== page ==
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What’s your best-selling product? 

Our best selling liqueur has traditionally been our Old Fashioned English Toffee Vodka liqueur – but the Chocolate Chilli Vodka Liqueur is not far behind in popularity! We’re making a name for ourselves across the country with both.

What achievement are you most proud of? 

We’re proud of quite a few things: being one of the first small batch distilleries to open in the UK; the first distillery to make rum here in the UK; our master distiller having arguably more varied distilling experience than anyone else in the UK; having worked with nearly 100 brands to create bespoke craft alcoholic products for them; but possibly most importantly, distilling all of our alcohol from scratch (and not importing base spirit): an extreme rarity in the UK, but truly artisan and well worth the effort.

What are your ambitions for the future? 

We’re opening a distillery (and visitor centre) at Treguddick Manor in Cornwall in Spring 2020, which will run alongside our current distillery at Great Yeldham Hall in Essex. Ultimately our founder and Master Distiller Dr John Walters wants to open a chain of visitor centres, shops and distillery kitchens around the country (to celebrate the best of England) within the next 10 years. We want to show people what real artisan spirits have to offer as an entirely new form of flavour cuisine.

What’s your mission statement? 

To make the best spirits money can buy: at a price people can afford.

What’s your favourite type of chocolate? 

At the distillery we all love chocolate – we eat it and drink quite a lot of it! We would probably favour milk chocolate, especially for our own product, as the creamy taste lends itself well to the sugar beet base spirit, as well as the nice mouthfeel and sweetness also provided by the sugar. Good dark chocolate is also gorgeous but we haven’t gotten around to making a batch of something with that in yet!

What other products do you do? 

Vodkas, gins, rums, brandies, sambuca, single malts, things that only we have invented like a Cucumber Spirit, eau de vies, and plenty of liqueurs – all distilled entirely from scratch to a quality standard not found anywhere else. (We believe our distillery produces the world’s widest variety of spirits and liqueurs distilled under one roof!

Where are you based? 

We started at The Old Salt Depot in Cambridgeshire, have been based at Great Yeldham Hall in Essex for the last 4 years, and have been based at Treguddick Manor in Cornwall for the last 2 years (where we are opening our second distillery, visitor centre, shop, kitchen and botanical garden in Spring 2020).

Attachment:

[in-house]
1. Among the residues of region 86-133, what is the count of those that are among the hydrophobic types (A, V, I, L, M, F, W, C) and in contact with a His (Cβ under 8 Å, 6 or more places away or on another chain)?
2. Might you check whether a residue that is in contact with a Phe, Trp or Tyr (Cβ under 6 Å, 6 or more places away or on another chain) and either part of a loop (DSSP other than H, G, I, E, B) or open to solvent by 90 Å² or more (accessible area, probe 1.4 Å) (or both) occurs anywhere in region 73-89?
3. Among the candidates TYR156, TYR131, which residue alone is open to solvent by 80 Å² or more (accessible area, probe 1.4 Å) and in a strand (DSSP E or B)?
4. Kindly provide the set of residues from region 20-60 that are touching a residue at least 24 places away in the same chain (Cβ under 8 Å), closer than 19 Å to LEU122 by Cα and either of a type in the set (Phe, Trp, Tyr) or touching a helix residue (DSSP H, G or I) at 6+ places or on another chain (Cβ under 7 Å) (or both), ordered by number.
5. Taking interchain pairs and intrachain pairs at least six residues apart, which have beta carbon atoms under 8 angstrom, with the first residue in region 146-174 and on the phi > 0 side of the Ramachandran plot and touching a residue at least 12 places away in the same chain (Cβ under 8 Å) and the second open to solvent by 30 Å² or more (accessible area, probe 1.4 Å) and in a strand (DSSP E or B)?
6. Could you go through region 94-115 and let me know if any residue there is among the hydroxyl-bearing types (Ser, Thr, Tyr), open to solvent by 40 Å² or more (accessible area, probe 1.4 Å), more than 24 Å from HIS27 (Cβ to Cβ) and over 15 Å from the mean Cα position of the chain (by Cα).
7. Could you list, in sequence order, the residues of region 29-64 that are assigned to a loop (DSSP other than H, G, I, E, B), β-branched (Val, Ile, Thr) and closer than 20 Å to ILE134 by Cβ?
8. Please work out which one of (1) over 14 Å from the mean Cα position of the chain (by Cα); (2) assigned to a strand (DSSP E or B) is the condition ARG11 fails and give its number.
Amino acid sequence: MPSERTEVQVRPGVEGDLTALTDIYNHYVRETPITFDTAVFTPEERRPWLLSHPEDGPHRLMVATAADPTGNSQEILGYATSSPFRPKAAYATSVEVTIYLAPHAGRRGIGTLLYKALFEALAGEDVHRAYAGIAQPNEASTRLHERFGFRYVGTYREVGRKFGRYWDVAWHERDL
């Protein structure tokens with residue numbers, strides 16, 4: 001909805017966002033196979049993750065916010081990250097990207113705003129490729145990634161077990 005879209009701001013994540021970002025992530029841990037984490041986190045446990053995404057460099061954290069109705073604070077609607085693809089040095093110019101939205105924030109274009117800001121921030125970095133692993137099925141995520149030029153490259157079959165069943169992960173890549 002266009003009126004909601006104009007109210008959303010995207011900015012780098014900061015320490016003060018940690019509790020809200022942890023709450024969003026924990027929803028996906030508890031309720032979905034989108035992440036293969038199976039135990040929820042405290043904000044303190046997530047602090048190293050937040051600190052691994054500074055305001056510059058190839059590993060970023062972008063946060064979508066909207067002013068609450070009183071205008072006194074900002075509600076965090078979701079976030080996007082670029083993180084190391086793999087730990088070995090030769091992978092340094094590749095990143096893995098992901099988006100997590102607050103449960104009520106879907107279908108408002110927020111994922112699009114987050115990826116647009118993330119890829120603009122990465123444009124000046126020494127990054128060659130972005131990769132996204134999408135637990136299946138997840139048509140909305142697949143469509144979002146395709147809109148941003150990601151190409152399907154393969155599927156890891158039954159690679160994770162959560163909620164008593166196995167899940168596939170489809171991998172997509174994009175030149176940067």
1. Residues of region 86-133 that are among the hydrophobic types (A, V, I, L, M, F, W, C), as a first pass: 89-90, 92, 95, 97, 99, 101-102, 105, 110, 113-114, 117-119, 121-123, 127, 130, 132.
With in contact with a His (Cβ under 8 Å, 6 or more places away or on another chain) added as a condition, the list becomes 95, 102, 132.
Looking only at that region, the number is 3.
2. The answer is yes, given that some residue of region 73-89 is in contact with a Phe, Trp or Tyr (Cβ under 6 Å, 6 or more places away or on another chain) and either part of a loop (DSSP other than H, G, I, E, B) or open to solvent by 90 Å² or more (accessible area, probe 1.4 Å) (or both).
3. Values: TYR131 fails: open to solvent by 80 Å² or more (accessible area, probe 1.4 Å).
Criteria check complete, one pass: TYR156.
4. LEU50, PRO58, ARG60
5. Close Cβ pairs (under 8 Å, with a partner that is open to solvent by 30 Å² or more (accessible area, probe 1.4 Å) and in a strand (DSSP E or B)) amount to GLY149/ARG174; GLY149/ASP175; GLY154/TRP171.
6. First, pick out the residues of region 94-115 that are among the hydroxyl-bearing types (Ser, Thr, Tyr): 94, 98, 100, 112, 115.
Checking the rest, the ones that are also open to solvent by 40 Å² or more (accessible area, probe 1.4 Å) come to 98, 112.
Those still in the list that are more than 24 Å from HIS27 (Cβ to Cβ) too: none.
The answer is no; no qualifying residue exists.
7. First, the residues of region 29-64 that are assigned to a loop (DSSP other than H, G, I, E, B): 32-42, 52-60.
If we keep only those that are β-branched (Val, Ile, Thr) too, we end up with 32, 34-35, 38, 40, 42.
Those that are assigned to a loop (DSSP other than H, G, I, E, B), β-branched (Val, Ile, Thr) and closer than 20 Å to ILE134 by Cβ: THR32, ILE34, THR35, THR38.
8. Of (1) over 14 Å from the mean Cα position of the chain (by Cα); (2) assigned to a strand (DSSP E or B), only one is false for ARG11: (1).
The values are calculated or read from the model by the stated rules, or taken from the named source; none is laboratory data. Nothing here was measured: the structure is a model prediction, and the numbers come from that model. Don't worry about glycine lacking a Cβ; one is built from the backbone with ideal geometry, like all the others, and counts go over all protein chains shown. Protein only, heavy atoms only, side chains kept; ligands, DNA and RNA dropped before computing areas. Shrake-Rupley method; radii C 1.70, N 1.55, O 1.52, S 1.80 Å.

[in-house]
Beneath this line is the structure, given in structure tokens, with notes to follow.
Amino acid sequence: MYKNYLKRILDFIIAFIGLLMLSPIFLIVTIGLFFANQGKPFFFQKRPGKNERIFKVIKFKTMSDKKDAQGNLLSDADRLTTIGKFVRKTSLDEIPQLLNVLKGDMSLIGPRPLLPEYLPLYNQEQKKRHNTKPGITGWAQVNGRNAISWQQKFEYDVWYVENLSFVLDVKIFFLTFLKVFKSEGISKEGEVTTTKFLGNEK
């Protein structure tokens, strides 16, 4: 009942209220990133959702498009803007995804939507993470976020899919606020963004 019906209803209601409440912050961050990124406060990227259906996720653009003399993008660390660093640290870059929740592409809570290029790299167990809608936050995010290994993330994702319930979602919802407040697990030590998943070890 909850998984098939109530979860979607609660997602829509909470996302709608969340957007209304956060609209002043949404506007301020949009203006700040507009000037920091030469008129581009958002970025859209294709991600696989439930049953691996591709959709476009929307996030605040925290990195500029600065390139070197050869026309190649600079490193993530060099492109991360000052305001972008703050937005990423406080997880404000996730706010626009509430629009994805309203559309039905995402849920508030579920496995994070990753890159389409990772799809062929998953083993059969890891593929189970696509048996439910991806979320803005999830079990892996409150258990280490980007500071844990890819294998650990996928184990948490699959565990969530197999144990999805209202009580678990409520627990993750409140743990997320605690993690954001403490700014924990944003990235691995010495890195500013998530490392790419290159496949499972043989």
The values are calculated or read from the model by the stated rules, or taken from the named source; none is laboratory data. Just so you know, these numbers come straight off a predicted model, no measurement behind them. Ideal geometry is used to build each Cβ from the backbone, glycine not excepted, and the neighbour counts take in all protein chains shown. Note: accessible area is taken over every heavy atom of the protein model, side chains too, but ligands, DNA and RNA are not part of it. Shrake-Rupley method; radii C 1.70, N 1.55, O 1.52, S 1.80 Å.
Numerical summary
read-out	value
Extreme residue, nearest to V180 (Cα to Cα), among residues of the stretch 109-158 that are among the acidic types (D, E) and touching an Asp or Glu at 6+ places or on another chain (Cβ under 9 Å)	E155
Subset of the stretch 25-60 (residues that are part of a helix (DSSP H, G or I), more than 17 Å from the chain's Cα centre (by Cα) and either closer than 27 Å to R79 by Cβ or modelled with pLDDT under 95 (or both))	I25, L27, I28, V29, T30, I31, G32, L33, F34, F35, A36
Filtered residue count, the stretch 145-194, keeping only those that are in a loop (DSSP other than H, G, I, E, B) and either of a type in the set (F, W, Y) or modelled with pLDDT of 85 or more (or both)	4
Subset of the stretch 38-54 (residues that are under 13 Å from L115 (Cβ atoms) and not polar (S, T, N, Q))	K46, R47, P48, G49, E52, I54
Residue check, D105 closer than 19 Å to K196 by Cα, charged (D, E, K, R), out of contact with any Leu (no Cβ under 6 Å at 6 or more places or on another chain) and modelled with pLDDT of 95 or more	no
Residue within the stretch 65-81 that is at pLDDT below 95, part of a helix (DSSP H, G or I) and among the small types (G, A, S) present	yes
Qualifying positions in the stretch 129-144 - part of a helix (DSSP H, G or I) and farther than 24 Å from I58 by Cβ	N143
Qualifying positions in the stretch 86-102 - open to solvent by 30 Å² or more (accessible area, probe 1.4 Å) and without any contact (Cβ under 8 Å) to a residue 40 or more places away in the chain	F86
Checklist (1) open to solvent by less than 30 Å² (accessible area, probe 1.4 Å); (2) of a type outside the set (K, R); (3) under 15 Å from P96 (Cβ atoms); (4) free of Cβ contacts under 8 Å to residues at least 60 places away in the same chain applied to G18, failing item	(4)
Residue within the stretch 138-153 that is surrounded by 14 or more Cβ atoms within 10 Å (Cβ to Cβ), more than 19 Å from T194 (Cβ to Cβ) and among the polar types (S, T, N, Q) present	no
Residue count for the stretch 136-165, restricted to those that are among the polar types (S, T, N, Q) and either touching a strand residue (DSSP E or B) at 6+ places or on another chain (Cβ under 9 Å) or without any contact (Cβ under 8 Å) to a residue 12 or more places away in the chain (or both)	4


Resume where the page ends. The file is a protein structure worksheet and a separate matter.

English Spirit Distillery will be at the Exeter Chocolate Festival, but if you can’t wait until then to get your hands on their products you can buy them on their website by clicking here.

Interview – Bryn from the Dartmoor Chocolate Company

What got you interested in producing confectionery?Major_Series_06

I’ve always had a sweet tooth, but there’s also a long family history of working as confectioners, sugar-boilers and the like, stretching back at least five generations.

Originally, my forebears came down from Scotland to work at Tate & Lyle around the turn of the 20th century, their son (my great-great-grandfather) served in the Great War as a cook – there’s a much loved family tale about how he cured a horse carcass and made it edible to feed the men in his section of the trenches, with his commanding officer remarking that ‘it was the best piece of boiled ham he’d ever had!’

After the war, he set up a sweet shop in Canning Town and produced his own wares. After him, the tradition dulls a little – just some very tasty homemade fudges and so forth. Now I’m hoping to follow in their footsteps. It wasn’t until about three years ago that I developed an interest in producing sweets, chocolates and ice creams. A friend passed away very suddenly, which led me to re-evaluate what I was doing with my life. I decided to make the most and live more, so I started cooking more and taking sweets & treats into work for colleagues. The feedback was very positive and I quite enjoyed making things, which led to S’mores, truffles, banoffee bites and by the summer there was ice cream and all sorts!

After sixteen weeks of making sweets and ice creams, I’d put together quite a range. People had started to suggest I make a business of it, so I came back to the family home in Dartmoor, pitched the idea to a local cafe – I’d use their facilities at night and work the hours off when needed, sell some wares through them and the rest online. Just two months after, I applied for the apprenticeship that had just opened up at Badgers’ Holt.

The next year was a mixture of long nights of working on sweets, long days of working in hot kitchens and balancing a business with chef training. Several fairs, shows and competitions later, I’m here.

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When did you first make confectionery?

About three years ago now. I started off working in the small kitchen in my flat, scooping and rolling ganache in cocoa powder after work to make something nice for my colleagues.

How was your first attempt at making confectionery?

It was rather delicious and a little messy. That was what sparked my interest in researching chocolate and sugar based confectionery. The next step was creating a shell for the ganache, then getting the tempering perfect for that delicious ‘snap’ when you bite into it and next on to all manner of flavours, fillings and refining of techniques. I still can’t believe it all started just a few years ago in a small kitchen in Dorset.